If Bob Dylan
, the thirty-eighth studio album of his fifty-year plus career, proves anything, it's that he's very serious about his exploration of the Great American Songbook. Not only is this his third straight studio recording devoted to such material, he deigned to be interviewed close to the March 31 2017 release of the recordings (spending more than a little time on the subject) and, on the current leg of his touring schedule, devotes at least a handful of selections per night to renditions of such songs. The Nobel Laureate was nowhere near so voluble when offering the DIY rediscovery of his folk roots via Good As I Been to You
(Columbia, 1992) and World Gone Wrong
It's always tempting to overthink what Dylan does or says, but the fact is, Triplicate begs many questions, not the least of which are the most practical. Having already released two other albums of similar material, Shadow in the Night
(Columbia, 2015) and Fallen Angels
(Columbia, 2016), does he need to issue another, especially in this form of three CD's or LP's (both formats accommodate a running time around thirty minutes for each song cycle). The concept he applies to the content, including "It's Funny to Everyone But Me," suggests the distinction he's making and thereby the extension of his interest: he's grouped the material according to specific themes, the arc of which spans the entire project.
Notable as that is, and thought provoking as well, this approach doesn't amplify the points Dylan made so authoritatively with the first entry in this series, then reaffirmed with the second. That is, most importantly, that he can sing clearly, authoritatively and passionately, that his well-practiced band can handle virtually any style he presents them (Tony Garnier's bass no less prominent than multi-instrumentalist Donnie Herron's pedal steel on cuts such as "Once Upon A time") and that, after years of a somewhat lackadaisical attitude toward studio recording, he has taught himself to be a skilled and knowledgeable producer (under the nom de plume 'Jack Frost'); here, in fact, he brought in session pro Dean Parks on guitar as well as James Harper to arrange and conduct horns. Triplicate
reiterates those skills, stretching them only insofar as the sequence of songs tells a story, the truth of which emerges in Dylan's choice of the tunes and the order in which they appear. Whether or not profound meaning arises from a listening to Triplicate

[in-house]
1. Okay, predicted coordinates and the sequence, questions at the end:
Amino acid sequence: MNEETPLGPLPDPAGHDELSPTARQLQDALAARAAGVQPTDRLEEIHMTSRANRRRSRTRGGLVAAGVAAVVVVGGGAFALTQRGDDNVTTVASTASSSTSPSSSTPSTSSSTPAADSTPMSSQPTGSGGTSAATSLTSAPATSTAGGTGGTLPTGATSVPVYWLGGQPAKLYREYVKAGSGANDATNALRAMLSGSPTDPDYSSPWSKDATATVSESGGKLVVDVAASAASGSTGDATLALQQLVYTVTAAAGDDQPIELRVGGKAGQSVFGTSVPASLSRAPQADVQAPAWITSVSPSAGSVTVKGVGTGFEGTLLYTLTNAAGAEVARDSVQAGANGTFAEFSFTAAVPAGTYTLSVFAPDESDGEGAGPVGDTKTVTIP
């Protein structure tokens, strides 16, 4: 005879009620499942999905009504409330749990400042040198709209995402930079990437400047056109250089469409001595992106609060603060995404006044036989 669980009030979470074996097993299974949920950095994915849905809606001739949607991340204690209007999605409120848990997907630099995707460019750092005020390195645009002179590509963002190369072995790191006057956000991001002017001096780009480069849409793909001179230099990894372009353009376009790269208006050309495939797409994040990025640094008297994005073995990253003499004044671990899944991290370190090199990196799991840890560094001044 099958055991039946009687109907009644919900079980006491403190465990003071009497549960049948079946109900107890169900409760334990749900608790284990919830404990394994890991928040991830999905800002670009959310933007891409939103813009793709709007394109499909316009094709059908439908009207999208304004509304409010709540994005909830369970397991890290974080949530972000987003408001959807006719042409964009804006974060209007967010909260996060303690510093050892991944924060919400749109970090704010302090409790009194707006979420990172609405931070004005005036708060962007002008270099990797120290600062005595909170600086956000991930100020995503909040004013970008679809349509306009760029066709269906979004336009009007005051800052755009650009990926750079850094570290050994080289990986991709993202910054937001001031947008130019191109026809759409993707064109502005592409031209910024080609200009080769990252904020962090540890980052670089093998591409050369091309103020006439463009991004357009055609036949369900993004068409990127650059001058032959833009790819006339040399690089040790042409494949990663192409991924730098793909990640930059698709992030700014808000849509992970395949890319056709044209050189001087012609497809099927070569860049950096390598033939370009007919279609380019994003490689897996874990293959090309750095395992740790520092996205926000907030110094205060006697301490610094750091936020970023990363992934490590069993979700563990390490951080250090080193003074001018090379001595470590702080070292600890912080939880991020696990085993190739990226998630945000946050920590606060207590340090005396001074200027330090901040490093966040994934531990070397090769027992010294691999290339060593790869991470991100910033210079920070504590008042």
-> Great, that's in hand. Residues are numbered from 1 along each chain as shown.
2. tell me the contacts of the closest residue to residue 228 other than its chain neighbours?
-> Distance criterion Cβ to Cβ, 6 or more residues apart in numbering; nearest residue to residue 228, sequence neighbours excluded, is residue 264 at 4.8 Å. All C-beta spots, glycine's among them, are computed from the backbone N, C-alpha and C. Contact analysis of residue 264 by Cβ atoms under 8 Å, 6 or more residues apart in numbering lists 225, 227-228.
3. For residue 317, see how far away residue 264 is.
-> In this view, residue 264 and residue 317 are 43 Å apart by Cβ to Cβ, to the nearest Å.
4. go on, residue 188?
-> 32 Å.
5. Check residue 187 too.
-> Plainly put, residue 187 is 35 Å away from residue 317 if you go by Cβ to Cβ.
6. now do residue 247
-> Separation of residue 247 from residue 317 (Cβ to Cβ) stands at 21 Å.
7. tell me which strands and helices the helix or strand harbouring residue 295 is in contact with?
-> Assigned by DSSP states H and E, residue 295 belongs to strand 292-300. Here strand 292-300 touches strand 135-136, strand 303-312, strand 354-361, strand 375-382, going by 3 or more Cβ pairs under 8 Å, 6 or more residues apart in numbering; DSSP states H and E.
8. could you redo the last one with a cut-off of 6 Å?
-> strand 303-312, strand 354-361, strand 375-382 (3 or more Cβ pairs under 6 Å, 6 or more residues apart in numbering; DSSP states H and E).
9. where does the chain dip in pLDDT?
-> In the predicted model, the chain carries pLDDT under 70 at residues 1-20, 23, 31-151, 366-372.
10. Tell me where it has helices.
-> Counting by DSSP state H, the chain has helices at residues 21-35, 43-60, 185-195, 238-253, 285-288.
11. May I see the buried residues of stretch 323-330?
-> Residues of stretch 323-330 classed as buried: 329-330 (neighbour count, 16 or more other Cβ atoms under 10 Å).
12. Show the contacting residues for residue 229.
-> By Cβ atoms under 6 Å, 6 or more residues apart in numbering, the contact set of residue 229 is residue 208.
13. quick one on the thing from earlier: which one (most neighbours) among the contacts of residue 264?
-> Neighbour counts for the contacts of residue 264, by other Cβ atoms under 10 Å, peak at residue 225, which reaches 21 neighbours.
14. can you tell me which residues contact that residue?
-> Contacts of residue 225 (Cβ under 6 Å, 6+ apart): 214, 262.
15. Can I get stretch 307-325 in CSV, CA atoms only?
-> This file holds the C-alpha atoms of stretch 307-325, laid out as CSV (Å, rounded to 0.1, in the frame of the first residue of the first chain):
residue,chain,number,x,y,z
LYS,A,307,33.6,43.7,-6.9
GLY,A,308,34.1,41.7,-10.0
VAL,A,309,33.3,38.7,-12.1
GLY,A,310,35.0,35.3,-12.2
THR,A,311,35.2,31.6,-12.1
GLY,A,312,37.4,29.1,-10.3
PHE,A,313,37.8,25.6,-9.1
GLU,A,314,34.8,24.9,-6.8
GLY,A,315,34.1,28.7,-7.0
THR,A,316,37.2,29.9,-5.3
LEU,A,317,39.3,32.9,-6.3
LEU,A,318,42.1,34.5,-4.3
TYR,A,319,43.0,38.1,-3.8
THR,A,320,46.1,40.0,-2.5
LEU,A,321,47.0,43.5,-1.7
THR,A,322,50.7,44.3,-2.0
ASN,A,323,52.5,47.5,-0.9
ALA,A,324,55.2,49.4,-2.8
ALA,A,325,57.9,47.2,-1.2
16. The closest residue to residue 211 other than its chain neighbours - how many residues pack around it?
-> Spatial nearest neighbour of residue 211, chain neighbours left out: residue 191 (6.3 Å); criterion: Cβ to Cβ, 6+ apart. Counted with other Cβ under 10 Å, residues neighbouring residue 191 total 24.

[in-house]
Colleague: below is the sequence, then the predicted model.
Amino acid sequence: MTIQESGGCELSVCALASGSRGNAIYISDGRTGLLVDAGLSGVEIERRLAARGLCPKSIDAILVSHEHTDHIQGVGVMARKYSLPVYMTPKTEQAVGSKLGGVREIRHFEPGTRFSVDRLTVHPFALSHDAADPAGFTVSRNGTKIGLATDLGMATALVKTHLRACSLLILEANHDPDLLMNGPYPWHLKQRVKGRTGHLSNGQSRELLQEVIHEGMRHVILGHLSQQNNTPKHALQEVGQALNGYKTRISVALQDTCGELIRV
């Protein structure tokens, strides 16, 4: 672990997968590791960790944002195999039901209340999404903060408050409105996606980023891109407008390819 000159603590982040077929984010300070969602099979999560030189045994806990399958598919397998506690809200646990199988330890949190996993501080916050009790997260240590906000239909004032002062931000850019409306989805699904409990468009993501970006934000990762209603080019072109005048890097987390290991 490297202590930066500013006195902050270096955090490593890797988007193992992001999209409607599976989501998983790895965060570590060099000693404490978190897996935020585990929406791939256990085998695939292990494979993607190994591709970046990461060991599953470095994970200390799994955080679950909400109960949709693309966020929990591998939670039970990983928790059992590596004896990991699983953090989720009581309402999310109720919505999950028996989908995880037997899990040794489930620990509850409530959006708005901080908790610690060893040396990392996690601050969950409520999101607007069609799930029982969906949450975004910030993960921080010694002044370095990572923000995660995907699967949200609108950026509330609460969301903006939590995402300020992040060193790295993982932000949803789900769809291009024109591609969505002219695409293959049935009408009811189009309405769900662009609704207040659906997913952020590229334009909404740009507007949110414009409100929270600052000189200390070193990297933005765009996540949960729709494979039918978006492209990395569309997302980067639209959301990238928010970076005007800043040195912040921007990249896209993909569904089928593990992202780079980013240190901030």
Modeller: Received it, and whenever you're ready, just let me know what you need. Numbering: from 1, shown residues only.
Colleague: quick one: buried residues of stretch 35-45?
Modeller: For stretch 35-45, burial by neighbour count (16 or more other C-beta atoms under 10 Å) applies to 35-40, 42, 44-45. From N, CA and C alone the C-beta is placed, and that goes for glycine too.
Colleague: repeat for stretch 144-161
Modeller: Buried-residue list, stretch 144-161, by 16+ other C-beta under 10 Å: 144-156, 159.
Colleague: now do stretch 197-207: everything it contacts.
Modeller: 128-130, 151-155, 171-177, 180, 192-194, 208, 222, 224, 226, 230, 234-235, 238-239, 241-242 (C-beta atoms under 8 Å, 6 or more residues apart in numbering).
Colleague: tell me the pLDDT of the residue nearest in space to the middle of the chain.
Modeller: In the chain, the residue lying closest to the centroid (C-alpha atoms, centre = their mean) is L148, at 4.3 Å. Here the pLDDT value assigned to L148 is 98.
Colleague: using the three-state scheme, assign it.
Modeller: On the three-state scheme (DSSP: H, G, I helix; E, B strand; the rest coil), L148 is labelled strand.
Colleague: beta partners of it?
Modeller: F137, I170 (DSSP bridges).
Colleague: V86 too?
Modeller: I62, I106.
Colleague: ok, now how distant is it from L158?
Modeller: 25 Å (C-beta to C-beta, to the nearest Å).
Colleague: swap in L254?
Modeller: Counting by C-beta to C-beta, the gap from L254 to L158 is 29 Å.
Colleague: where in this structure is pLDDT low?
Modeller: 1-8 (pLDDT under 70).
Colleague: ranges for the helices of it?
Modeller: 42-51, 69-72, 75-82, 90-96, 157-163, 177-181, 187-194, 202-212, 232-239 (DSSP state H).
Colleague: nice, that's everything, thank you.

in its entirety or through choosing specific selections is in the ears of the beholder, but also in the hearts and minds of the listener(s), Bob Dylan aficionado or not. The existential nature of songs like "When the World Was Young" or "Stardust" (the song after which Willie Nelson
titled a similar album of his) are hardly novel, but this artist has hardly ever dealt with them so directly, except perhaps on Nashville Skyline
Hearing Bob Dylan speak of the truth he finds in songs like "Sentimental Journey," "That Old Feeling," or "My One and Only Love" (recorded not only by Frank Sinatra
, but saxophone colossus John Coltrane
with Johnny Hartman on vocals), it's difficult to doubt his intent or his execution thereof, largely because, over the course of more than three years, he has devoted so much time, effort and thought to these projects. Given the man's track record over the years, on the record and off, it is certainly difficult not to take him at face value.
Add to that the fact he's finding meaning on Triplicate
tracks such as "I Could Have Told You" or "The Best Is Yet Come"-this from a seventy-six year old man!?-, perhaps the proper course to take is exactly that to simply accept those thoughts and feelings of his to the fullest extent, as he conveys them in singing "These Foolish Things." Such an approach is a surefire means to avoid descending into the proverbial weeds to ponder if this album of Bob Dylan's, like its immediate predecessors, is simply a thinly-disguised means to fulfill a contractual obligation.